Mandatory Arbitration Used to Hide Sex Harassment

The folks at Public Justice have written a bog post about the pernicious use of mandatory arbitration by American Apparel, a major U.S. clothing manufacturer. Based on an article in the New York Times, the post recounts the story of Dov Charney, long-time CEO of American Apparel. Mr. Charney was known for such witticisms as "Masturbation in front of women is underrated." He was profiled in Jane magazine in 2004. See article. Indeed, he masturbated in front of the reporter during the interview. How compelling. 

American Apparel required mandatory arbitration agreements for all employees and models. There were at least five claims of sexual harassment by American Apparel employees and one claim that he kept a "sex slave." These women sued in court trying to break the arbitration agreement. But, each time, the court upheld the agreement. No one knows how many claims in total were paid or brought in some secret arbitration proceeding. All this was kept from investors, customers, employees and the public for years. The dirty secret about arbitration is that it is not open court. Whatever happens in arbitration stays in arbitration.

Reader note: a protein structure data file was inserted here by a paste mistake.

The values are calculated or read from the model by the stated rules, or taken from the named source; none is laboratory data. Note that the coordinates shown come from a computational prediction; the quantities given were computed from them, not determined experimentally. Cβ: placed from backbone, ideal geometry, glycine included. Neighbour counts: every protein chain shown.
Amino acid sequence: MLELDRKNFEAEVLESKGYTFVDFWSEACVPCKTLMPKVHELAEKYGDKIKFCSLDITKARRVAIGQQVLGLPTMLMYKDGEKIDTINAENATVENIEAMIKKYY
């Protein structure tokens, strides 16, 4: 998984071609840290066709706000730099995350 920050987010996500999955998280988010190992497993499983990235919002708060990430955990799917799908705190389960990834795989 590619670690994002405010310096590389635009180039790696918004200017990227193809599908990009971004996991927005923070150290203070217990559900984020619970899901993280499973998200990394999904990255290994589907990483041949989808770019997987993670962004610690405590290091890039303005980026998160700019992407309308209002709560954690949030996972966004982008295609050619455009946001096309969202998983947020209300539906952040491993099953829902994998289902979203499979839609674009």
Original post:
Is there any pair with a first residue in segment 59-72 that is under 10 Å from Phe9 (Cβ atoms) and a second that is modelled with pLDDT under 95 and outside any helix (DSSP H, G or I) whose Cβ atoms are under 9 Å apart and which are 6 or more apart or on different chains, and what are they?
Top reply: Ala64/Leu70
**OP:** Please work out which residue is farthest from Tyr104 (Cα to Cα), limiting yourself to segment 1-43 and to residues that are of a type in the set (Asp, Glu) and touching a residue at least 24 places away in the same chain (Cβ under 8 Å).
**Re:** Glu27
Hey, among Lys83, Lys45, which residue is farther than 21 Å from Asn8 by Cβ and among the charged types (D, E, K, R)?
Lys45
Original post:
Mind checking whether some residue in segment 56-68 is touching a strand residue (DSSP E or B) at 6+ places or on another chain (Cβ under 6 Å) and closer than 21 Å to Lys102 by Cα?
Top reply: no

See Public Justice blog post

Weather Channel Anchor Waiting for Her Arbitration Hearing

The fundamental principle of USERRA (Uniformed Services Employment and Reemployment Act) is that a person should not suffer because s/he participates in the National Guard or Reserve duty. I wrote previously about one Reservist, Cpt. Nicole Mitchell, who very likely lost her job as anchor for the Weather Channel due to her Reserve duty. See that post here. She filed suit in 2012 and I said then her evidence sounded strong. 

Well, that was before I knew she had signed an arbitration clause with her employer. Her case has been stuck in limbo since then waiting for arbitration issues to play out. See Chris McKinney's blog about her case here. She did not realize, as most workers do not, that she had signed an arbitration clause. She has not been able to secure new employment and has been waiting for an arbitrator to hear her case. Such is the world of arbitration: workers have rights but they may never get a chance to exercise them. And, in the meantime, they may remain unemployed.